Despite the shift to digital, complex, multi-party supply chains are still heavily dependent on paper-based transactions to handle multiple handoffs as goods make their way from manufacturers to warehouses to distributors to end consumers.
Blockchains provide a means for numerous parties to agree on the contents of a shared ledger of transactions, which has the potential to bring vast efficiencies to this process.
For that reason, several global firms have already taken steps to incorporate blockchain-based solutions into their networks. Some of the most famous examples are based on permissioned-solutions, such as IBM’s Food Trust network, used by global retailing giants, including Walmart, Carrefour, and Nestlé.
Global shipping behemoth Maersk’s TradeLens platform is another success story, having onboarded partners worldwide and now handling over 700 million events and six million documents per year.
However, just because these platforms are whirring away quietly in the background while cryptocurrency adoption dominates the headlines, doesn’t mean we’ve heard the last of blockchain in supply chains.
Quite the opposite, in fact. A recent report from ResearchandMarkets estimates that post-COVID-19 blockchain in the supply chain market is expected to grow from $253 million in 2020 to over $3 billion in 2026, a CAGR of 53%.
Part of this will invariably be driven out of the continual push to get the world vaccinated and minimize the ongoing supply rows between countries. According to reports, Moderna and IBM are collaborating on exploring the use of blockchain, AI, and other technologies in vaccine distribution.
Beyond the Pandemic
Even aside from the pandemic, there are plenty of other use cases for blockchain in supply chains. One new project entering the market is even aiming to bring further benefits to the already-growing market by unleashing the utility of non-fungible tokens and DeFi. Trace Network is geared towards the lucrative markets in luxury and lifestyle goods, which continue to struggle with counterfeiting, costing the industry an estimated $320 billion per year.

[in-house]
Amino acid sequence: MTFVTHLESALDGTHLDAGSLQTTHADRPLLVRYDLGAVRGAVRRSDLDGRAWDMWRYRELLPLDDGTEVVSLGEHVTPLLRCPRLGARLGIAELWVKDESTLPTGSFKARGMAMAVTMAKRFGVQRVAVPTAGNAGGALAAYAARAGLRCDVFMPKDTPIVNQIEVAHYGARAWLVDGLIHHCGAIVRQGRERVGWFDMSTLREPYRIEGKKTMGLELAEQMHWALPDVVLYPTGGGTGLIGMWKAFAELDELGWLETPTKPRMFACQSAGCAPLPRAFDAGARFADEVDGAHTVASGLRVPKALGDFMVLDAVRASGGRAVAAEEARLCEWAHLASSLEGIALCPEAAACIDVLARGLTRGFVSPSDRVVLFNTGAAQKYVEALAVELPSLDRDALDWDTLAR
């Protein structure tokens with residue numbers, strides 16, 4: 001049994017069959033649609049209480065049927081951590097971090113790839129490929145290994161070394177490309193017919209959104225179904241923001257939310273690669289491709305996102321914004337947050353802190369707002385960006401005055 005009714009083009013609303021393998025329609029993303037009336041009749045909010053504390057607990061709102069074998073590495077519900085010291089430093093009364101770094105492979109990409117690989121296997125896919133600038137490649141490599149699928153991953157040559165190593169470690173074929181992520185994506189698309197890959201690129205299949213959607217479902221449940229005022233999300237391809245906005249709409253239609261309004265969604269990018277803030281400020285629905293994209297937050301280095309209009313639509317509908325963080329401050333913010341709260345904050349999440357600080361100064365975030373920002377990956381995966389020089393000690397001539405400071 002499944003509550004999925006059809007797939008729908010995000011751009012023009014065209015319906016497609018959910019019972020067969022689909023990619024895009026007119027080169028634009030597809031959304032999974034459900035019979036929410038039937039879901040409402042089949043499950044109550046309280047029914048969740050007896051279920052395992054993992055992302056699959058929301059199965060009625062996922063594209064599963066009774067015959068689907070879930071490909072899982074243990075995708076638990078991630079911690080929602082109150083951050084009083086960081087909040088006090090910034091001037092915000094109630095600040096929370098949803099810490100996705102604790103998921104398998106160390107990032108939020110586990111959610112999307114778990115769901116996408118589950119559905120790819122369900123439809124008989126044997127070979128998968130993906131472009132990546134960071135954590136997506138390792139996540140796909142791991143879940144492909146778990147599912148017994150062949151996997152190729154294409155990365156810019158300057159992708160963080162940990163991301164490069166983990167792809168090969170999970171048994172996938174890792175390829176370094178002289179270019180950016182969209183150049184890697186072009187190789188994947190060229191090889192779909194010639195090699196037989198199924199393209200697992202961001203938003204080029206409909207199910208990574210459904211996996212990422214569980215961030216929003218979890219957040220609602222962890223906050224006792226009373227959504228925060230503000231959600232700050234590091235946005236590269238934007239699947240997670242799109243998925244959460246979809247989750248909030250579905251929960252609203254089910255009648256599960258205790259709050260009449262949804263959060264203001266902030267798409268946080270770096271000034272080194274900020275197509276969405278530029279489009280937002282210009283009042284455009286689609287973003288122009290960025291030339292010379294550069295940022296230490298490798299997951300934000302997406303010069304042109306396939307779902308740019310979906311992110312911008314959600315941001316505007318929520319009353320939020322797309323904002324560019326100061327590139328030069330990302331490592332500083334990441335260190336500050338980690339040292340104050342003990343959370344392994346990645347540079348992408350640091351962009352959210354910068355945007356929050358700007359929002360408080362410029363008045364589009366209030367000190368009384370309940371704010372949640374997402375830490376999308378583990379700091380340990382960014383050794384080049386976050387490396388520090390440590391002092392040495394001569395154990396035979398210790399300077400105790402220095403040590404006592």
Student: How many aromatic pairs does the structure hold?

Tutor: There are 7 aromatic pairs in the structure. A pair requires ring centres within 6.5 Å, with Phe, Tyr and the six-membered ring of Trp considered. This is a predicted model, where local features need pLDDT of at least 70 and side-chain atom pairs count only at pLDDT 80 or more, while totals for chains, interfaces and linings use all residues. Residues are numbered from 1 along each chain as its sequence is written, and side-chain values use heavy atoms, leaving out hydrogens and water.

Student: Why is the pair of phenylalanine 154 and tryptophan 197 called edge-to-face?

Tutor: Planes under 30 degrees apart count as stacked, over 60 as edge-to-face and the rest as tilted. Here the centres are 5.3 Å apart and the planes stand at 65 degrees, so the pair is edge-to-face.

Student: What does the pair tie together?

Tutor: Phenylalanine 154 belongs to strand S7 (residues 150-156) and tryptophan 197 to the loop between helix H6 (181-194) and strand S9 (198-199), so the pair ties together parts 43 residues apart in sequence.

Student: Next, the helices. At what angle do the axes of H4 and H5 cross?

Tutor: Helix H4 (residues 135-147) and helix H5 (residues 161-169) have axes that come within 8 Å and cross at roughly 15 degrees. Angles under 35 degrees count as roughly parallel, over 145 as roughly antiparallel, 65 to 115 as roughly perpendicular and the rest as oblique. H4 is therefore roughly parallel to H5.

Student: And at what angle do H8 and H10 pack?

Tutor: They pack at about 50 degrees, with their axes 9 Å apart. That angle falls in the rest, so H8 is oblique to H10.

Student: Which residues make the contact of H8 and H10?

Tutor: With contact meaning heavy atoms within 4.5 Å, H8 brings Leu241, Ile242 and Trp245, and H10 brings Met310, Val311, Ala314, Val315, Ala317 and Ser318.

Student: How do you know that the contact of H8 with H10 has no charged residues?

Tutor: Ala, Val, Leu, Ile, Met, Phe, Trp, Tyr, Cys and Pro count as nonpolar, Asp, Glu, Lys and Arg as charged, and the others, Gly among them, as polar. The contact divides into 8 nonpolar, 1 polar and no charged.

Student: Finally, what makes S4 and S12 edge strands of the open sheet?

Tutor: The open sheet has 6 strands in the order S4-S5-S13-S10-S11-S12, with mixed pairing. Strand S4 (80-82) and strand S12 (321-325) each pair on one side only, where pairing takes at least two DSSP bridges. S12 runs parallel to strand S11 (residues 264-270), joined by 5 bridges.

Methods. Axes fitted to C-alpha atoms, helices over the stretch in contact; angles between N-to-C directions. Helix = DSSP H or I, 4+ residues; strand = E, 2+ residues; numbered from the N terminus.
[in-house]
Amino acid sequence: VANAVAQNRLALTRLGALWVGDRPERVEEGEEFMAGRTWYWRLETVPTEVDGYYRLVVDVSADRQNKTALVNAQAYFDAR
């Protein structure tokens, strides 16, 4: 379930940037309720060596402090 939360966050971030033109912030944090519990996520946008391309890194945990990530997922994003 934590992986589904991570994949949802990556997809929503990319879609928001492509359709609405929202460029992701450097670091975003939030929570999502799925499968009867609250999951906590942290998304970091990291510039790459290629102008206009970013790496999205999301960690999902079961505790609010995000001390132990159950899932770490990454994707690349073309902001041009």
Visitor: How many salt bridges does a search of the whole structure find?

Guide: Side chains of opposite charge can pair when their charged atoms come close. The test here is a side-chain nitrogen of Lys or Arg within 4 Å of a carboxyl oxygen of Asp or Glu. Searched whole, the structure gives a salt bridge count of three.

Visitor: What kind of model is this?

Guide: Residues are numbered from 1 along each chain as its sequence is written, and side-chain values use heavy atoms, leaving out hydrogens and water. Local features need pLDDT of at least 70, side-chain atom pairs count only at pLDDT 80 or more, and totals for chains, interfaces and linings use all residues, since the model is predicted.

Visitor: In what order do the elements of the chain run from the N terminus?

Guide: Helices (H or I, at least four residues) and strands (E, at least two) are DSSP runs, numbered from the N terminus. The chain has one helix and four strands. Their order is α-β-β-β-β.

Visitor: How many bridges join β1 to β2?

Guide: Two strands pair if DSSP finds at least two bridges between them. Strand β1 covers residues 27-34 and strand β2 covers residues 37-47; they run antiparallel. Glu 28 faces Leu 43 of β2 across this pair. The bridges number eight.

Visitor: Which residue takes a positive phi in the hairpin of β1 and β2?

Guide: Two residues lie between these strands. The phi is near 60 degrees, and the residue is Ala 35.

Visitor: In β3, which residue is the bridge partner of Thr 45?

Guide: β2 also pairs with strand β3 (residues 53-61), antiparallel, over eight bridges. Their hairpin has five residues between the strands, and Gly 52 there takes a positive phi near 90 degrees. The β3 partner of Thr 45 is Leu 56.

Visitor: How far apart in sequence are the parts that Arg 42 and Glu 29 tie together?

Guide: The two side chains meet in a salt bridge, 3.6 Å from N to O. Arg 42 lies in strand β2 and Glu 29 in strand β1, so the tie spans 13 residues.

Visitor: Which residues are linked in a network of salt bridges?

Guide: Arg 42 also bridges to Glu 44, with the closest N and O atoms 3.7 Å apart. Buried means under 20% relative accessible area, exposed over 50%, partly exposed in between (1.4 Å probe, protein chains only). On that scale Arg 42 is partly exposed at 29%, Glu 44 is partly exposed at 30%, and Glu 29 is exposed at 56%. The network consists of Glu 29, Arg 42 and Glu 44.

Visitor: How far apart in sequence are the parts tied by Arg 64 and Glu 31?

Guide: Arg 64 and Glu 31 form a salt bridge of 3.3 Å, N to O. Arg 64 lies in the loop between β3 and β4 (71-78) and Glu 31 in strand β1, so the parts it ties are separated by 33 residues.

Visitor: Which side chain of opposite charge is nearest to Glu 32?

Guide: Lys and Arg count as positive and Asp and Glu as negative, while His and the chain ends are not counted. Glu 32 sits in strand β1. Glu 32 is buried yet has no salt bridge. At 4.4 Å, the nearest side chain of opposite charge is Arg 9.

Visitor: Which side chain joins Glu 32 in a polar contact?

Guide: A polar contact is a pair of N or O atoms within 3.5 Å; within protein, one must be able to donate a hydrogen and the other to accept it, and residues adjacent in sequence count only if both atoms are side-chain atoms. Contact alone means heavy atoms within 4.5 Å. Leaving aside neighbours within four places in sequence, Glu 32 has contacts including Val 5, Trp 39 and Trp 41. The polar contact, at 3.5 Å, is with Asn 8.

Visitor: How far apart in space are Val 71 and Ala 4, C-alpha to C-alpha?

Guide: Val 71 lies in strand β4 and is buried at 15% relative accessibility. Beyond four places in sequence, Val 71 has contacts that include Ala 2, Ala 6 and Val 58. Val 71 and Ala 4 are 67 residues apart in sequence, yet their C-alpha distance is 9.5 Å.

One of the more common ways that counterfeiters produce realistic-looking goods is through stealth tactics along the supply chain. An example is the “ghost shift,” where staff at a manufacturing site will make goods that have never been ordered or endorsed by the brand itself, even though the intention is for the counterfeiters to sell them as the real deal.
Trace Network aims to combat this issue by giving brands the ability to mint NFT, which will accompany a luxury item throughout its lifetime. So when a brand issues an order to a manufacturer, they could mint a set of NFTs that corresponds to the order.
As the goods pass through the supply chain, each operator takes custody of the physical items as well as the NFT for each one. When the item is sold, the merchant transfers ownership of the NFT to the buyer’s digital wallet.
In this way, even buyers of second-hand goods can be sure they’re getting the real deal. If someone buys an item, they can also check to make sure that the NFT has the appropriate credentials which verify it was issued by the brand.
Another benefit of using NFTs in supply chains is they can help brands track their valuable inventory as it changes hands, making it easier to pinpoint where goods have been lost or stolen.
DeFi for Supply Chain
It’s an intriguing use case for NFTs, which have recently been making global headlines thanks to their utility in digital art that’s changing hands for millions. However, there are also enterprise use cases for another big crypto trend — DeFi.
Operators often find that it can be a costly and time-consuming process to access credit lines. In contrast, DeFi’s decentralized lending and liquidity pools could help to lubricate the flow of financing throughout the supply chain.
The current growth predictions of blockchain in the supply chain are based on the success of first-generation platforms like Food Trust and TradeLens. By adding innovations such as NFTs and DeFi to the mix, there could be even further unrealized growth potential in the blockchain supply chain markets.
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